bringing "always on" connectivity and higher data rates to support rich media and Web-2.0
enabled interactivity to the Internet.
Now, as we prepare to enter the second decade of the 21st century, we are on the cusp of
realizing the convergence of the broadband Internet and mobile communications with the
widespread deployment and adoption of mobile broadband services. The convergence of mobile
communications and the Internet will bring us a step closer to realizing a vision of pervasive
computing and communications, where the power and capabilities of ICT can delivery true 24/7,
everywhere/always connected ubiquitous computing and communications services. This
convergence has the potential to be as transformative and growth producing as those earlier
While the availability and usage of mobile broadband services are expanding rapidly, we
are still in the early stages of the emergence of the mobile broadband future. Today, most
consumers access the Internet via fixed-location broadband connections, provided over wired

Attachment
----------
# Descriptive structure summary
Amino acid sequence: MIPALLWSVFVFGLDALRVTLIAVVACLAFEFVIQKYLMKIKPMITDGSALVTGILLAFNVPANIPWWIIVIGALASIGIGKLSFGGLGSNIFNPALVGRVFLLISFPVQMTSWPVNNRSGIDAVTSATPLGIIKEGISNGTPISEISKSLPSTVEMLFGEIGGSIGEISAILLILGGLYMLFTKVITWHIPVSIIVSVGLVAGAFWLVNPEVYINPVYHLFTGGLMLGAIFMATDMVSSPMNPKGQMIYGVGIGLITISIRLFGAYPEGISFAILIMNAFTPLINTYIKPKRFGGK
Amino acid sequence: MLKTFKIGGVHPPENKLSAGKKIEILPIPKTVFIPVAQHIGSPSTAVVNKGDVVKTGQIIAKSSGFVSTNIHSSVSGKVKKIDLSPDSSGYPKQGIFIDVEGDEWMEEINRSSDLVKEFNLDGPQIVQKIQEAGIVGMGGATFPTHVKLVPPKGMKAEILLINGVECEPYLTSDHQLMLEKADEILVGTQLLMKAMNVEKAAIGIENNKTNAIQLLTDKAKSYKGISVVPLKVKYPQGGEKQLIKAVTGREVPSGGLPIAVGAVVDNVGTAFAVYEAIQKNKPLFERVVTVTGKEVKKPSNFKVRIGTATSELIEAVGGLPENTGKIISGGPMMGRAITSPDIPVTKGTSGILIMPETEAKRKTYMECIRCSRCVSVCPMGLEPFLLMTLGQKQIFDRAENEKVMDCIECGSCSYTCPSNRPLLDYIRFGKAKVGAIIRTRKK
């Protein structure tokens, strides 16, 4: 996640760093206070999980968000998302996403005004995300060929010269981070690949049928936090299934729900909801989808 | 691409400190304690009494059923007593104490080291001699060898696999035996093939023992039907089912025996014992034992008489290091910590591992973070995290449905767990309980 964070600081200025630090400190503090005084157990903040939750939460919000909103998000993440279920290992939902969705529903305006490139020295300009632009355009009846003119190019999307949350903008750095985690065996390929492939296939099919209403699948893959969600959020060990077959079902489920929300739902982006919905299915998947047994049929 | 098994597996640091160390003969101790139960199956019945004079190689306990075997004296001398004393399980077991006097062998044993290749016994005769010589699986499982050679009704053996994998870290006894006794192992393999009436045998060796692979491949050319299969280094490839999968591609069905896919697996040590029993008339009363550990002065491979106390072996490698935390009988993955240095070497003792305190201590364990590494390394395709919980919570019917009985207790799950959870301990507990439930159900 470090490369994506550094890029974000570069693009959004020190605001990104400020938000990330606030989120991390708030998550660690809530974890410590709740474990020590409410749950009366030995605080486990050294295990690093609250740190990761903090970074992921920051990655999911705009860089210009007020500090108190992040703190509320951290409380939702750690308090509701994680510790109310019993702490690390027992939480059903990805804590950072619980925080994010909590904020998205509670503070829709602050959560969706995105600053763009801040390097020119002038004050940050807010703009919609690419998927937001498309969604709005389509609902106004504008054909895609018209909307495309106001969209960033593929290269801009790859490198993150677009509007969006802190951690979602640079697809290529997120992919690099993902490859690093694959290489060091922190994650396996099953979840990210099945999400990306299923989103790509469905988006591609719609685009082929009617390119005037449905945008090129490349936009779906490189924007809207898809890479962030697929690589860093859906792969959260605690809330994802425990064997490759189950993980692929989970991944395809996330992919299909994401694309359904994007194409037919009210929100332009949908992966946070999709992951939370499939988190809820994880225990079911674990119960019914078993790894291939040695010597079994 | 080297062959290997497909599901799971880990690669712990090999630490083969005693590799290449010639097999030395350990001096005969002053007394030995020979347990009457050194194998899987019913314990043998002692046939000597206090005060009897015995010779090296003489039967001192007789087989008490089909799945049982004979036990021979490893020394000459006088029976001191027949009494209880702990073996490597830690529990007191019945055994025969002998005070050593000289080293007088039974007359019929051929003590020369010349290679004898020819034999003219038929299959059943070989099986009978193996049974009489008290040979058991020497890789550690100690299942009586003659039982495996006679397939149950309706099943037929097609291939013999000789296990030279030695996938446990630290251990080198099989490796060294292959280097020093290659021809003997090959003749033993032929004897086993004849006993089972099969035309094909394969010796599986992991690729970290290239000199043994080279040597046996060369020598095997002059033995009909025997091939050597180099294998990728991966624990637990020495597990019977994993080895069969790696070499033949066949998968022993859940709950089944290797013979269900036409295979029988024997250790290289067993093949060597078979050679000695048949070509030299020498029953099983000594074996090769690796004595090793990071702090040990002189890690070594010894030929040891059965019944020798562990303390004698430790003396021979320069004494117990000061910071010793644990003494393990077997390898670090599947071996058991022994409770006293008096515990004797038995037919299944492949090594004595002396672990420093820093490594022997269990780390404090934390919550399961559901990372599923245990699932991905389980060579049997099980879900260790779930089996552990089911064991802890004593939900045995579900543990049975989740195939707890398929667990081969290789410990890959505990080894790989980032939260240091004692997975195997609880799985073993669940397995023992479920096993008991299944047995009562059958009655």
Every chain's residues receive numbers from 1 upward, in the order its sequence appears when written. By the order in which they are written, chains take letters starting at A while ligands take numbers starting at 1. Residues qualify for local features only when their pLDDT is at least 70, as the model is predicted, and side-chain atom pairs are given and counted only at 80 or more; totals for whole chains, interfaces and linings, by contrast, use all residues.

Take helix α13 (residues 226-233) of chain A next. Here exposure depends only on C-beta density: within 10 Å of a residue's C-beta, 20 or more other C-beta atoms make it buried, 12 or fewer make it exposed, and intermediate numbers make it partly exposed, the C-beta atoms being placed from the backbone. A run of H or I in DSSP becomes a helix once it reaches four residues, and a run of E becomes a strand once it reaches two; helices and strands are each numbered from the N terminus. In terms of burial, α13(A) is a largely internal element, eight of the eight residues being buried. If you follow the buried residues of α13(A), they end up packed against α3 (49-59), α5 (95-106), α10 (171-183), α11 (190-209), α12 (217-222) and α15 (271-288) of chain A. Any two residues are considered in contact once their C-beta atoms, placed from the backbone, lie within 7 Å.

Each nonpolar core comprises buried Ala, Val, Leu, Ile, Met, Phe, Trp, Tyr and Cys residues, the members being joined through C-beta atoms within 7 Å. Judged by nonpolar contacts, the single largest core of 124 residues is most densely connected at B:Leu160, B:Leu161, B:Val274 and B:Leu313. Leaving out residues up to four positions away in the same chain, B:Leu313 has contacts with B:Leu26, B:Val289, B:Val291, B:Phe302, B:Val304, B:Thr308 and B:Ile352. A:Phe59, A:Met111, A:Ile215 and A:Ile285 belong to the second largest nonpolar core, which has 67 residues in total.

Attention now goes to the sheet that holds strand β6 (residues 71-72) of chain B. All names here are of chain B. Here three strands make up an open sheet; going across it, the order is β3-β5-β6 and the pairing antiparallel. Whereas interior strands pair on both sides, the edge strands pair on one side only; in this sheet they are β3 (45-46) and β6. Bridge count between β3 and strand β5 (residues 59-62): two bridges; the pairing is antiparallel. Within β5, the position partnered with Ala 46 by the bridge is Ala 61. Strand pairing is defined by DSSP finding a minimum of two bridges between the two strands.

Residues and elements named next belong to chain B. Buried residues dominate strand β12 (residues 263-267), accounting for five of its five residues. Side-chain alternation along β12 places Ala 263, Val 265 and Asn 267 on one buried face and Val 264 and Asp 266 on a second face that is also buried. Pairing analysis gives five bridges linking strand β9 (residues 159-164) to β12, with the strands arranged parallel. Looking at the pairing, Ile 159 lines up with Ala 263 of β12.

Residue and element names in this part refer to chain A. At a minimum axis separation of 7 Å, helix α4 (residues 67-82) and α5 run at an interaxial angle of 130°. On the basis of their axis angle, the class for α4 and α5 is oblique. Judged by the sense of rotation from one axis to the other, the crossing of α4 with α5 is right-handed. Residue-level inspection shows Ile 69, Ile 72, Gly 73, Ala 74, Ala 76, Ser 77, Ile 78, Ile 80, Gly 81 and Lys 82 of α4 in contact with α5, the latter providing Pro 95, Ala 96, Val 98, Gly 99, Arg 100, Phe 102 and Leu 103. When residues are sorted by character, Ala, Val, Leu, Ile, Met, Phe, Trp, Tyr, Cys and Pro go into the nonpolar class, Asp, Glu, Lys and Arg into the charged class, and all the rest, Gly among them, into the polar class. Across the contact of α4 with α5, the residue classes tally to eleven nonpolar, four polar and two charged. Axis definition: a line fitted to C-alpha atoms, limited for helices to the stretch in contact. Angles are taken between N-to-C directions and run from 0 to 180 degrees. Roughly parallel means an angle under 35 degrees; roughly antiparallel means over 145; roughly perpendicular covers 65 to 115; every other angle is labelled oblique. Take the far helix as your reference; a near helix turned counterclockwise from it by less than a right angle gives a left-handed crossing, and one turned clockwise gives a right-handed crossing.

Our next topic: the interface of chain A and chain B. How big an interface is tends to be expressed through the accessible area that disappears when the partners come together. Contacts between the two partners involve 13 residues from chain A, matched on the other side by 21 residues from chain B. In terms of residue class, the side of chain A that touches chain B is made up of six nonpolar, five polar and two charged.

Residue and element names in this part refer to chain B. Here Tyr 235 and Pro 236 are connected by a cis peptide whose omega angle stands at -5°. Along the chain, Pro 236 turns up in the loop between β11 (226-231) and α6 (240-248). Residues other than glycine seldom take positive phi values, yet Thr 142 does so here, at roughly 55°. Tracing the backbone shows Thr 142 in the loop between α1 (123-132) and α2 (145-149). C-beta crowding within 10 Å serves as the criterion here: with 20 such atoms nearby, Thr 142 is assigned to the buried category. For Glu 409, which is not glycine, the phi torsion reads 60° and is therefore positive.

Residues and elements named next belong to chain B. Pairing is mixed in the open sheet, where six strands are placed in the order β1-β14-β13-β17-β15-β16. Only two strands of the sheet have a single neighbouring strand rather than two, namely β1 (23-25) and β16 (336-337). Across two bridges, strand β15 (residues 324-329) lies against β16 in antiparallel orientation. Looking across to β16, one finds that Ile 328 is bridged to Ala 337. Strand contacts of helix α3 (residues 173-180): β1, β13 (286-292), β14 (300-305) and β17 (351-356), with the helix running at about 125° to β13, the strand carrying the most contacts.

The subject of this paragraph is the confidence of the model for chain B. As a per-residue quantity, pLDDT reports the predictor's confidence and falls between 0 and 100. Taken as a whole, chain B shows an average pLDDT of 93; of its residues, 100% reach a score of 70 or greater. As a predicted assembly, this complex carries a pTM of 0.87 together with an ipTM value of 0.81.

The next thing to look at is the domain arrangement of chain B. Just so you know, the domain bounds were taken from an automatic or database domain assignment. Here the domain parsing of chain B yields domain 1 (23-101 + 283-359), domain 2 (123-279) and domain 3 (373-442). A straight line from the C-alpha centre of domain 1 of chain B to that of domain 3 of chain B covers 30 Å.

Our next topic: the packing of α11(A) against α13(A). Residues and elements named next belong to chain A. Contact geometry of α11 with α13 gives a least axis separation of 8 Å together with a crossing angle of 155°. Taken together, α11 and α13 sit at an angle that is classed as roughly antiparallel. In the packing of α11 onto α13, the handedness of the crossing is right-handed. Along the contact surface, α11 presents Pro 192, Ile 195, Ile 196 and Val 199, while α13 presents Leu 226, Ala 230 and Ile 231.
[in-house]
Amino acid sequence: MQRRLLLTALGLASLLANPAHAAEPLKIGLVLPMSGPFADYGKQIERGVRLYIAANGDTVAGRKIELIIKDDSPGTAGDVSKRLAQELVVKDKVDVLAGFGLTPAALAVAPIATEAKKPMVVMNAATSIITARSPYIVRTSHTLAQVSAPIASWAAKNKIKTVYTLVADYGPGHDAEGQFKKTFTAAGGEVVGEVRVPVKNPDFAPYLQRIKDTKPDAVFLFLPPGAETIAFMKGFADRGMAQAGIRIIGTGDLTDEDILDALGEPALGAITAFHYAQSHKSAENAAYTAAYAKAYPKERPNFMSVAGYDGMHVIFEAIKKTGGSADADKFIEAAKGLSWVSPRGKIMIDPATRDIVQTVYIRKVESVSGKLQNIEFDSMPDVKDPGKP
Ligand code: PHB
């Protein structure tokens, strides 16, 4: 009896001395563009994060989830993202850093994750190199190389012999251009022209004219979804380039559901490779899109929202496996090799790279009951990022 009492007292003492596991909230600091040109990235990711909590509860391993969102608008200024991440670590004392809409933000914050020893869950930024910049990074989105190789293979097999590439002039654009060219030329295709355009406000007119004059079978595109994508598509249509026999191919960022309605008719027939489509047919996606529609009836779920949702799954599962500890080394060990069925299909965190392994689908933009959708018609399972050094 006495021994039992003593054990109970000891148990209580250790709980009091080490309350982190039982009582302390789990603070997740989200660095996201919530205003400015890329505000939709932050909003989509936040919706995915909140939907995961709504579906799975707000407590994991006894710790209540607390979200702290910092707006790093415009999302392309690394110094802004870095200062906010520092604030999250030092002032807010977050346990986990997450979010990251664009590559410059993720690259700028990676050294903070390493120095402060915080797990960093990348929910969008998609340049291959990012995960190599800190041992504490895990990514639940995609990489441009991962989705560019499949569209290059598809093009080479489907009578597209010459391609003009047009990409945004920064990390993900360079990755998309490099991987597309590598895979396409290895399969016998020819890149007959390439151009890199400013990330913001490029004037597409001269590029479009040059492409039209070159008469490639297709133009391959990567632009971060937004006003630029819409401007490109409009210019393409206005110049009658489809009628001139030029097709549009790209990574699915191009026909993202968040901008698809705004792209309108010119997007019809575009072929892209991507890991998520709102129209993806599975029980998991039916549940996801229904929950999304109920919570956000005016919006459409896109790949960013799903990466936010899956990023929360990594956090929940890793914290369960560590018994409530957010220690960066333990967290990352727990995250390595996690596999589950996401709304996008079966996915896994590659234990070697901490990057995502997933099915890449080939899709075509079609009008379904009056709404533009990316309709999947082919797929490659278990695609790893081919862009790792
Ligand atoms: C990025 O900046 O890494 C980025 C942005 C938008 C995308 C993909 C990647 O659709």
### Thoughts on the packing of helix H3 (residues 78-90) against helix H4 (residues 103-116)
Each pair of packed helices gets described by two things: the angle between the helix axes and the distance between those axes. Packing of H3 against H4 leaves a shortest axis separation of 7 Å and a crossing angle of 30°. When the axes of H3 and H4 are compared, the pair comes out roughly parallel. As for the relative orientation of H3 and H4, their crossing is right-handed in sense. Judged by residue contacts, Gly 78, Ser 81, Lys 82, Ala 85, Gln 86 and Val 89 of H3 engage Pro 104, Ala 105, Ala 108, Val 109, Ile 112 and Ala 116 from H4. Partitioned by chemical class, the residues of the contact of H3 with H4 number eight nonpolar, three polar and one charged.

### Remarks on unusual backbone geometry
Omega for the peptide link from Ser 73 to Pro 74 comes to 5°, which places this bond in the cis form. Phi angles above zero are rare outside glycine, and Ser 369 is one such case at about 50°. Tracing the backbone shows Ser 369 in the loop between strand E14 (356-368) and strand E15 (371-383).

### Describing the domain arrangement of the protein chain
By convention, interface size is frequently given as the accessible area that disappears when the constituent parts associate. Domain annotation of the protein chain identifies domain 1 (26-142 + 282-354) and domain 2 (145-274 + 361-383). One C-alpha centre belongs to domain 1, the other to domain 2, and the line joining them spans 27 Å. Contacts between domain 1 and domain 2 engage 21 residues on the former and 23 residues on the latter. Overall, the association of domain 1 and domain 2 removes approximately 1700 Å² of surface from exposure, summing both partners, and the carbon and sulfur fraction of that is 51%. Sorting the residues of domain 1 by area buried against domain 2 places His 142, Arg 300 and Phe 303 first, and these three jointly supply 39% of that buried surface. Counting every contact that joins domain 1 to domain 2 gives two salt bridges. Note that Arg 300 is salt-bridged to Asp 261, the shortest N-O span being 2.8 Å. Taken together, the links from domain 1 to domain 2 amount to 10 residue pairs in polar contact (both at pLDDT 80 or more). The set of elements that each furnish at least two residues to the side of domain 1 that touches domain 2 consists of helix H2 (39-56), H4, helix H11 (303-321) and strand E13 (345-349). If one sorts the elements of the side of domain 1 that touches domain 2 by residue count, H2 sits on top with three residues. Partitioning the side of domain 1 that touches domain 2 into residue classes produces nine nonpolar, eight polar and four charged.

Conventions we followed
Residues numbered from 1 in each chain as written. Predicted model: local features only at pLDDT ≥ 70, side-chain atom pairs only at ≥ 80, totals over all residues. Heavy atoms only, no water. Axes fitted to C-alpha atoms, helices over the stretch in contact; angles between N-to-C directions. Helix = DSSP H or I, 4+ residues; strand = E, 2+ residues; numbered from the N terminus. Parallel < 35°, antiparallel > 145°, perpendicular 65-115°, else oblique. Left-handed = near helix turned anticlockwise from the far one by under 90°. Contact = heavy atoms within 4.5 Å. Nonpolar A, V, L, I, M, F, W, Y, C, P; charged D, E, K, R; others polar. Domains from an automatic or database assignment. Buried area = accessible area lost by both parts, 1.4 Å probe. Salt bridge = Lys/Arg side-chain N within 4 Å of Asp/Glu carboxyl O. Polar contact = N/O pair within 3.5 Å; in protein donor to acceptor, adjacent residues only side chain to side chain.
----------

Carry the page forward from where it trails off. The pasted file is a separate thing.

infrastructures via cable or DSL modems. However, in anticipation of the evolution of mobile
broadband services, it is worthwhile considering what the implications may be for broadband
services in general, and more specifically, for prospects for competition in broadband service
markets. In the balance of this paper, I will explain why I believe it is reasonable to expect the
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overall impact of mobile broadband to be strongly pro-competitive with regard to the Internet
and broadband service markets generally.
The expansion of mobile services will substantially enhance the value proposition for
Internet access, supporting wholly new services as well as expanding the usability of existing
services. The market growth stimulus associated with these effects is expected to be quite
significant. At the same time, the growth of mobile broadband will have complex implications
for broadband competition and on broadband services offered via fixed-access connections. As I
will explain, I expect fixed and mobile broadband services to offer distinctly different sets of
basic capabilities, and as a consequence, to remain distinct services that will not be perceived as
close substitutes in most user/usage contexts for the foreseeable future.
It is likely that mobile broadband services will generally offer lower data rates and
confront higher traffic sensitive costs than fixed broadband services. Offsetting these